A Stock Only a Trading Robot Could Love


Citron introduces Great Northern Iron. (NYSE:GNI).

You absolutely won’t believe this:  A stock that is going to die, for certain.   100% guaranteed — a veritable ghost ship of a stock. No fraud, no deception, no fad.  Simply a huge oversight by the market.

Why is this stock different from every other stock? One simple fact: In exactly 4 years and 3 months, it goes away. Period.

GNI is an iron ore mining trust set up by a railroad baron primarily to provide a legacy for generations of heirs. Twenty years following the death of the last living heir (they are all explicitly named) in the trust, the cash is divvied up, and the property reverts, in this case to Conoco Phillips, that has acquired the holding. That’s it. End of story. No mystery. Its all right in the 10-K, where it’s been printed every year for decades.

The devil is in the details.


The terms of the Great Northern Iron Ore Properties Trust Agreement, created December 7, 1906, state that the Trust shall continue for twenty years after the death of the last survivor of eighteen persons named in the Trust Agreement. The last survivor of these eighteen persons died on April 6, 1995. Accordingly, the Trust terminates twenty years from April 6, 1995, that being April 6, 2015.

At the end of the Trust on April 6, 2015, the certificates of beneficial interest (shares) in the Trust will cease to trade on the New York Stock Exchange and thereafter will represent only the right to receive certain distributions payable to the certificate holders of record at the time of the termination of the Trust. Upon termination, the Trust is obligated to distribute ratably to these certificate holders the net monies remaining in the hands of the Trustees (after paying and providing for all expenses and obligations of the Trust), plus the balance in the Principal Charges account (this account is explained in the Trust’s Annual Report sent to all certificate holders every year). All other Trust property (most notably the Trust’s mineral properties and the active leases) must be conveyed and transferred to the reversioner (currently Glacier Park Company, a wholly owned subsidiary of ConocoPhillips) under the terms of the Trust Agreement.

Check Please!

How do you value a company that is going away, and surrendering its productive assets as it goes into the sunset ? Runoff calculations take the present value of future payment streams: 17 quarterly distributions plus about 8.53 in cash per share when the trust is liquidated in April 2015.

So what does it earn? The last 3 calendar years, it has earned 7.63 to 11.75 per share. The most profitable quarter in its history was the September 2010 quarter, in which it earned 3.50 per share.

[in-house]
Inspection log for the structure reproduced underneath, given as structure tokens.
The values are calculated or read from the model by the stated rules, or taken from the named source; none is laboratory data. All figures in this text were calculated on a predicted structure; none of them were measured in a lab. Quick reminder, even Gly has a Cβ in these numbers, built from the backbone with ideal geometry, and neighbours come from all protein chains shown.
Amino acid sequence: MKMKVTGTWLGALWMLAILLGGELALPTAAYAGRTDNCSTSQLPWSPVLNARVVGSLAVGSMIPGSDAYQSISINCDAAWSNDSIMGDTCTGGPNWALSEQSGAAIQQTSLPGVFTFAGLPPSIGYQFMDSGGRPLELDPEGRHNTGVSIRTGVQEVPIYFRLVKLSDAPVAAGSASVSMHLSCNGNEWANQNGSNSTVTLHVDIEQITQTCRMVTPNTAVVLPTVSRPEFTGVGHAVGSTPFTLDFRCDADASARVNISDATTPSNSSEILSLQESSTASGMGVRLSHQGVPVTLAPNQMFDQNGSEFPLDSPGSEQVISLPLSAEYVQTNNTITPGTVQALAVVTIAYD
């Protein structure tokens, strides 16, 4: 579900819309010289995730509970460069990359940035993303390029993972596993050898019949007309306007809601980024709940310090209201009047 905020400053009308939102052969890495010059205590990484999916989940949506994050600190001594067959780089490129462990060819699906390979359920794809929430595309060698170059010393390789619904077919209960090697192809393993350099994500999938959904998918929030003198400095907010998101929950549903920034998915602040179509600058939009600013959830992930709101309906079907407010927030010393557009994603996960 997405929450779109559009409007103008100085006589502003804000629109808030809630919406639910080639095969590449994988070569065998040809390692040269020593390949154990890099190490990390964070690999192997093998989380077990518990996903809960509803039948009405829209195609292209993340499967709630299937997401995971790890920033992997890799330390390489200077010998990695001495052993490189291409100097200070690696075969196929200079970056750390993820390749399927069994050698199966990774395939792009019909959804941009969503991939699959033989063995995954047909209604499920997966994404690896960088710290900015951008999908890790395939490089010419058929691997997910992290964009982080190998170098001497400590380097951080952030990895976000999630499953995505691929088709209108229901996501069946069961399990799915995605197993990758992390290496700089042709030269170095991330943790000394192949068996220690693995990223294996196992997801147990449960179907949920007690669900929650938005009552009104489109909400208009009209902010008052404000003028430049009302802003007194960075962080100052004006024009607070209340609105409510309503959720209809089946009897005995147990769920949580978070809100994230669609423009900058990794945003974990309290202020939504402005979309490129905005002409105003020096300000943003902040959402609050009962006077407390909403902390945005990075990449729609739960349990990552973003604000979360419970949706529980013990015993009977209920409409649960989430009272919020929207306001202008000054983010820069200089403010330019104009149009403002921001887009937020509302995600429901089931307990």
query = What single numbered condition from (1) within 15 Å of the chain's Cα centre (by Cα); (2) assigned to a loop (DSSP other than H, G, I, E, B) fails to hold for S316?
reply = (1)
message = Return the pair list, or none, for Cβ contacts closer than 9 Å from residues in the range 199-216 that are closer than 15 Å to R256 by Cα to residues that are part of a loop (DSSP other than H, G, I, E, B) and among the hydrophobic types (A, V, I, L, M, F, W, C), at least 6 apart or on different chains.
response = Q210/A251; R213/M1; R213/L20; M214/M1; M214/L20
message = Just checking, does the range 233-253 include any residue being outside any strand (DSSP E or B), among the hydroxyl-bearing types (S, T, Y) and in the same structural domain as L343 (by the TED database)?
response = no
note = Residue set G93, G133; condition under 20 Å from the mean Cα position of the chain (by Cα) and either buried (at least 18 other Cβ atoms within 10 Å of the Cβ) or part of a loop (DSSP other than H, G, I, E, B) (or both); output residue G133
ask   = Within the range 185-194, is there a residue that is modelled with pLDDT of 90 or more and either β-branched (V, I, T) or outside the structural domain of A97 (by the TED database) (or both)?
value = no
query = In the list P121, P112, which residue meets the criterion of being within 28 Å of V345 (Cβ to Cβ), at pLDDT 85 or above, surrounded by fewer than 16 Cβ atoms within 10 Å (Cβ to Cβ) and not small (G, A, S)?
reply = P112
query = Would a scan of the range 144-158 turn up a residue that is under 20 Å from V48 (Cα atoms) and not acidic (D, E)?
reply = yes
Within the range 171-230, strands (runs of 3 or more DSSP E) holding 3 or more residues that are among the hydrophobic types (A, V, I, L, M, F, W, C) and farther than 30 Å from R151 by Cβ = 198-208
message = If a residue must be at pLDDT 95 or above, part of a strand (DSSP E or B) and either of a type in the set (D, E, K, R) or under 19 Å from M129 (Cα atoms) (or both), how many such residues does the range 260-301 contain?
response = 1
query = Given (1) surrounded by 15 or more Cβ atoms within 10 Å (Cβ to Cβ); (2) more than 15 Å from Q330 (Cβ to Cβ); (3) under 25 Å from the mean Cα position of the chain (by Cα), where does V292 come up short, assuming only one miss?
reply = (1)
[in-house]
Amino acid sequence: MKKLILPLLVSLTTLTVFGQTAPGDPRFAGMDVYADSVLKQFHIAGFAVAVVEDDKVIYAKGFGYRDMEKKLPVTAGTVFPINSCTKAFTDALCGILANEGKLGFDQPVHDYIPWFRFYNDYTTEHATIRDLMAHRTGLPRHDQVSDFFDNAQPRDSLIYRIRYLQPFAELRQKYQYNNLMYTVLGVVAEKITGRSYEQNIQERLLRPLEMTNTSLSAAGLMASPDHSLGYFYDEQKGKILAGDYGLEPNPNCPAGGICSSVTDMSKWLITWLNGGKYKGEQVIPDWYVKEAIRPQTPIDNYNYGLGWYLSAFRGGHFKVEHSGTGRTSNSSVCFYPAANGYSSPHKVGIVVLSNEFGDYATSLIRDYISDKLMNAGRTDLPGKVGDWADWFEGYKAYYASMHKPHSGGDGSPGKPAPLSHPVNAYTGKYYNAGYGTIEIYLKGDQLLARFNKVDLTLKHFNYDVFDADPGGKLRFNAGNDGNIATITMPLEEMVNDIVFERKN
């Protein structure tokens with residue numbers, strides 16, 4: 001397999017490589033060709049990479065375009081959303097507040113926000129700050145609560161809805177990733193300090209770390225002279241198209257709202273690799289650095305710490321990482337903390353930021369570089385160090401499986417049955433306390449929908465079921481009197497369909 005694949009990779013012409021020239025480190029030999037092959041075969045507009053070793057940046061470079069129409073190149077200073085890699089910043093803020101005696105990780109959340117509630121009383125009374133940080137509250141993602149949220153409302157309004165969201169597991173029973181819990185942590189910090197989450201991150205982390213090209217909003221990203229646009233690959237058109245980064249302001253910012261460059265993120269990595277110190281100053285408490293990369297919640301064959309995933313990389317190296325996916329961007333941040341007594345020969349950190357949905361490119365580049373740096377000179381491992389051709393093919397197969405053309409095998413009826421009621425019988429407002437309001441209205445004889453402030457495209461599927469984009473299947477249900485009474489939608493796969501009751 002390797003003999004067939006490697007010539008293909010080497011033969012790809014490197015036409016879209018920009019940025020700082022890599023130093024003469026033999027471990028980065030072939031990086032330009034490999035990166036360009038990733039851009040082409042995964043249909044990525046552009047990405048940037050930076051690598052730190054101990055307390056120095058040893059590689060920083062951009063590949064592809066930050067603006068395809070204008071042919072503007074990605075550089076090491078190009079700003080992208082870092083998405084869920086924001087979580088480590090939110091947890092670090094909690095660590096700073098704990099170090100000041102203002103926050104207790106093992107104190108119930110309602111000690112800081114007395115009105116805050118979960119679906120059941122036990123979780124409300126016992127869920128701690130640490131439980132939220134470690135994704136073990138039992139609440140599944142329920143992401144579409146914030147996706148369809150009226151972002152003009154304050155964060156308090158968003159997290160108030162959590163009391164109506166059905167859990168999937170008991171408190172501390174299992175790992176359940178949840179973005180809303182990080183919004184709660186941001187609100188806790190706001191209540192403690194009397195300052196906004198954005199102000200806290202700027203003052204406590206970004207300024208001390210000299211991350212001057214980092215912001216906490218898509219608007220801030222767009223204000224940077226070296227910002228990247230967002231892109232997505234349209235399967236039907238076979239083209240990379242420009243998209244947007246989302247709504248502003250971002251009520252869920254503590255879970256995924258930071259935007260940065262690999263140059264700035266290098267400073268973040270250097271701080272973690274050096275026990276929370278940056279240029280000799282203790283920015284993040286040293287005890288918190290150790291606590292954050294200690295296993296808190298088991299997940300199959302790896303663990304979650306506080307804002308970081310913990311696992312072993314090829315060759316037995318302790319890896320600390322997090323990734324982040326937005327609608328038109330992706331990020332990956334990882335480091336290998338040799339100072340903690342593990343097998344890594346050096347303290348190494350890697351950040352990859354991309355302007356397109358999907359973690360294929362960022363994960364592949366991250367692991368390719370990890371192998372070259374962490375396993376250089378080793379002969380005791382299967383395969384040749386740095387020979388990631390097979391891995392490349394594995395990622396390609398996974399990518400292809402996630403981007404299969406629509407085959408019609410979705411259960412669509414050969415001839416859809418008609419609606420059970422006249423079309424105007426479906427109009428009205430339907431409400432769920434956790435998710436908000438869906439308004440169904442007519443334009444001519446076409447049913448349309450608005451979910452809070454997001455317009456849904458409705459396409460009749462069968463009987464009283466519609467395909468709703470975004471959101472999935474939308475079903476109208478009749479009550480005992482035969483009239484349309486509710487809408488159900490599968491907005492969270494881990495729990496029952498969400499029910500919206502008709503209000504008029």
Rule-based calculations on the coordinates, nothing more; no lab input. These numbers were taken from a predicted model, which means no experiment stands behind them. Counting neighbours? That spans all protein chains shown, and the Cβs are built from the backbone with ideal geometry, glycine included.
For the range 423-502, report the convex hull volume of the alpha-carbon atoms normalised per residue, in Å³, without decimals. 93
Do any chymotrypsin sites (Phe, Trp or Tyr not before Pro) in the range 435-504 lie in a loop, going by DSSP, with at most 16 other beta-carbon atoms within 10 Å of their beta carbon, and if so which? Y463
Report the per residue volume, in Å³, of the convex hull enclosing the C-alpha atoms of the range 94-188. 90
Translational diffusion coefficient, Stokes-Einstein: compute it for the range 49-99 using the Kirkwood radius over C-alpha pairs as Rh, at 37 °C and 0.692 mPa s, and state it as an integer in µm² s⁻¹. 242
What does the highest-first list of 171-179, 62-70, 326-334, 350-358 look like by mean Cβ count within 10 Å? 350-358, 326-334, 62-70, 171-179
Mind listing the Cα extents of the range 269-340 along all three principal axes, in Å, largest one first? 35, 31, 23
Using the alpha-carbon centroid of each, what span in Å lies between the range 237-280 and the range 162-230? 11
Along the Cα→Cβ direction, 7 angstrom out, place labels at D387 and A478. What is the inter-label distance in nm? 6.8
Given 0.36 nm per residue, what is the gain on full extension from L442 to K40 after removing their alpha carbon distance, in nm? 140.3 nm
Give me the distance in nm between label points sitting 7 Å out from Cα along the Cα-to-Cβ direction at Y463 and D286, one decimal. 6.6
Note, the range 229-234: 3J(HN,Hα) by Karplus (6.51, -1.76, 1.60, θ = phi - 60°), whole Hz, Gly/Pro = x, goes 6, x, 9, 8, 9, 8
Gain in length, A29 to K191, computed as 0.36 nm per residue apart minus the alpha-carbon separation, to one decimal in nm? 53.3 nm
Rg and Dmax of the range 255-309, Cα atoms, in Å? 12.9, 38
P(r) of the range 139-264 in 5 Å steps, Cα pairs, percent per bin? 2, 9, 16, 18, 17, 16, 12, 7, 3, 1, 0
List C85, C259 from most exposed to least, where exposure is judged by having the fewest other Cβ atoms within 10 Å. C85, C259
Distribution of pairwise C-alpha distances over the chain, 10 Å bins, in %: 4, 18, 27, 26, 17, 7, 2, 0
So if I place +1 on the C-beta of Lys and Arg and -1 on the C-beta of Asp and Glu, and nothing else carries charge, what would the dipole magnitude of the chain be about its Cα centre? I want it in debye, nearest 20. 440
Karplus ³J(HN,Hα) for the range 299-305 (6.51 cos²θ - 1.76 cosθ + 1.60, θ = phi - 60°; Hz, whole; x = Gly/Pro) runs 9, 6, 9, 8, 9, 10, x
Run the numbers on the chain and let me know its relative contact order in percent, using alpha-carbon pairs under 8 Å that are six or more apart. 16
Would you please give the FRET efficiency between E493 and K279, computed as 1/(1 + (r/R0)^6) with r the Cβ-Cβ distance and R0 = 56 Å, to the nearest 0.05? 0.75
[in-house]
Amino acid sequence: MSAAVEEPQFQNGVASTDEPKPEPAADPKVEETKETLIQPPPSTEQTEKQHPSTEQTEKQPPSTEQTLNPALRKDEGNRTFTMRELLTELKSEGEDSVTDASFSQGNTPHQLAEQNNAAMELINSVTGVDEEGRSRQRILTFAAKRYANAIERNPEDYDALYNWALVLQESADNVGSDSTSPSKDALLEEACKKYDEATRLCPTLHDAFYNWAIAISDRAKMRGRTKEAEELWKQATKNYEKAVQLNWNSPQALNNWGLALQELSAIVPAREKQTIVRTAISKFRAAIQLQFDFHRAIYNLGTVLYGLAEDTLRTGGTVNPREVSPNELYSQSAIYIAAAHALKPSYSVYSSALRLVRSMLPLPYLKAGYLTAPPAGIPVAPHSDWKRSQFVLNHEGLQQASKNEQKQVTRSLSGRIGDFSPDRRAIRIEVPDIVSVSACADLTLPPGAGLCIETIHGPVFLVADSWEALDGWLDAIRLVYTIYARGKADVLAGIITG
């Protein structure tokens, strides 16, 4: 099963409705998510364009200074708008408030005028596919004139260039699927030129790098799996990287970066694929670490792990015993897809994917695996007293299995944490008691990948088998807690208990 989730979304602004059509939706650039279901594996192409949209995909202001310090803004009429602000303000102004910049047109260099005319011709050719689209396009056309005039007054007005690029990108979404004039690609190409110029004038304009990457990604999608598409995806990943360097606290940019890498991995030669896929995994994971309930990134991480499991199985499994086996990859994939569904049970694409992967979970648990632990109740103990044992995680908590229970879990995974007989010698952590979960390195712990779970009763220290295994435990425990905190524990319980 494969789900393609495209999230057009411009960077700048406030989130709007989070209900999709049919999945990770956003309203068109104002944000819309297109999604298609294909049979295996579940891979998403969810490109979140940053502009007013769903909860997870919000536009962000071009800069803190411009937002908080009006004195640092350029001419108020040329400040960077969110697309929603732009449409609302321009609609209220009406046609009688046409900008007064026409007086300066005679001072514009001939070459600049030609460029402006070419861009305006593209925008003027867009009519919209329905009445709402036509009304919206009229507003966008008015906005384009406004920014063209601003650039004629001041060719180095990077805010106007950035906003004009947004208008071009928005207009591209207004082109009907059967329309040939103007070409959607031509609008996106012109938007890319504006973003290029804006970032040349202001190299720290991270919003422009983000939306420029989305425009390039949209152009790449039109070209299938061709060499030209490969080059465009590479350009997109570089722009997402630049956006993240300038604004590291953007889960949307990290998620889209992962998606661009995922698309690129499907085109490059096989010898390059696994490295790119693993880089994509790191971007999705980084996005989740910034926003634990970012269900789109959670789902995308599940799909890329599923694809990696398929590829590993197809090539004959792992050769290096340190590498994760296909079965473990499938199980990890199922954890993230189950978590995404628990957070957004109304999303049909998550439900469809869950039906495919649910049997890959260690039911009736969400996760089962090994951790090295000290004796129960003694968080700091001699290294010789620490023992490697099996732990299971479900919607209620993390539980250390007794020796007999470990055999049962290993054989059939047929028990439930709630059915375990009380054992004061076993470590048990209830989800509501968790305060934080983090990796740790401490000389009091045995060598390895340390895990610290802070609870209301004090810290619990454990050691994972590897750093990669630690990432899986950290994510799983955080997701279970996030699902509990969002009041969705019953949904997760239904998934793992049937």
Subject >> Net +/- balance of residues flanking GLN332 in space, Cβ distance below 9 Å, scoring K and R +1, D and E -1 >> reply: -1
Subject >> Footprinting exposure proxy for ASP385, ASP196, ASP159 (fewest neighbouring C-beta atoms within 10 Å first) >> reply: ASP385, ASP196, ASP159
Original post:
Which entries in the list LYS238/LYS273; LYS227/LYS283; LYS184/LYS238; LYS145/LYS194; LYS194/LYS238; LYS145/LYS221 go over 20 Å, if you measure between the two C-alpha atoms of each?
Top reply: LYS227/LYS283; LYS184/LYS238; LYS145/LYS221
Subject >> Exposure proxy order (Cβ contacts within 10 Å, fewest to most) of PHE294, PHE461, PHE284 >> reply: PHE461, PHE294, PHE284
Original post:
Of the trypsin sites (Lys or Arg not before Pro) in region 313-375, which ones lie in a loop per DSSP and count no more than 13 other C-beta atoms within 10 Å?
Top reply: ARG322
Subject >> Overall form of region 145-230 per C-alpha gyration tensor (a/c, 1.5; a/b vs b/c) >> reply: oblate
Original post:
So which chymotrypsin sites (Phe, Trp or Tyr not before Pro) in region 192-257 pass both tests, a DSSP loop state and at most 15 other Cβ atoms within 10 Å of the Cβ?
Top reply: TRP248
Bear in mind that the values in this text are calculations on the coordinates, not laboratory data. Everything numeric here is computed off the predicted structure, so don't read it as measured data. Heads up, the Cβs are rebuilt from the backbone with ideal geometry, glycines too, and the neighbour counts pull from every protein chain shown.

So calculating the net present value of 18 quarters of earnings from $3.00 to $5.00 per quarter, against a discount rate of 2%, 4% or 6%, with a liquidating payment thrown in, we see a range of present values from $54.00, to at most (if the most favorable discount rate is thrown at a quarterly earning 50% higher than the company has ever earned in its history) of ….. drum roll……$94.00. Realistically, with execution and commodity pricing risk rolled in, any value above $75.00 requires a huge leap of faith.

Shares Outstanding

Annuals 2009 2008 2007
Net earnings 11,449 17,632 14,452
Net EPS 7.63 11.75 9.63
Current Year 9/30/2010 6/30/2010 3/31/2010
TTM by quarters 5,243 4,444 2,321
Net EPS per qtr 3.50 2.96 1.55
Discount rates
Estimated Quarterly 2% 4% 6%
3.00 ($51.52) ($49.19) ($47.02)
3.50 ($60.10) ($57.39) ($54.85)
4.00 ($68.69) ($65.59) ($62.69)
4.50 ($77.28) ($73.79) ($70.53)
5.00 ($85.86) ($81.99) ($78.36)
Liquidation est
8.53 ($7.97) ($7.48) ($7.05)

So what is this stock doing north of $150 a share? How Can This Be Possible ?

In a world where single-stock picking is rapidly becoming extinct, drowned by the massive waves of quant funds and computer generated trading, the above detail – that this company is soon to become extinct – has been entirely forgotten.

Don’t take our word for it: look how many times GNI has been mentioned in these articles titled “Best Yielding Stocks”, “Top Net Cash Flow Stocks”….etc., where it is compared to other stocks that …… well ….. won’t cease to exist on April 2015. So the computers go about their merry way,

Crazy Premise: 8% yield : (7/22/2009)


Crazy Premise: 10.6% yield : (12/3/2010)


Crazy Premise: Top 10 Microcaps for yield: (12/3/2010)


Great Northern Iron Ore Properties (NYSE:GNI) has the 7th highest dividend yield in this segment of the market. Its current dividend yield is 10.57%. Its dividend payout ratio was 111.30% for the last 12 months.”

Crazy Premise: Enterprise value ratio mumbo jumbo (12/2/2010)


Crazy Premise: Top ten cash flow: (12/2/2010)


Great Northern Iron Ore (GNI) has a price to free cash flow ratio of 6.6x based on a current price of $138.62 and a free cash flow per share of $20.85.

Crazy Premise: Impressive Operating Results: (10/25/2010)


Crazy Premise: Top 10 dividend yields: (10/22/2010)


Every single one of these articles ignores the fatal flaw in its investment premise — that this company has ongoing enterprise value, which it simply does not … it is going away — with date certainty in 2015 — for an estimated liquidation value of $8.53.


The art and science of stock picking — which begins by reading the filings — is apparently Not Dead Yet.  If you’re concerned about a possible run-up in the price of iron ore negating the profit of this trade, we suggest hedging with Mesabi Trust (NYSE:MSB)

Cautious Investing to All!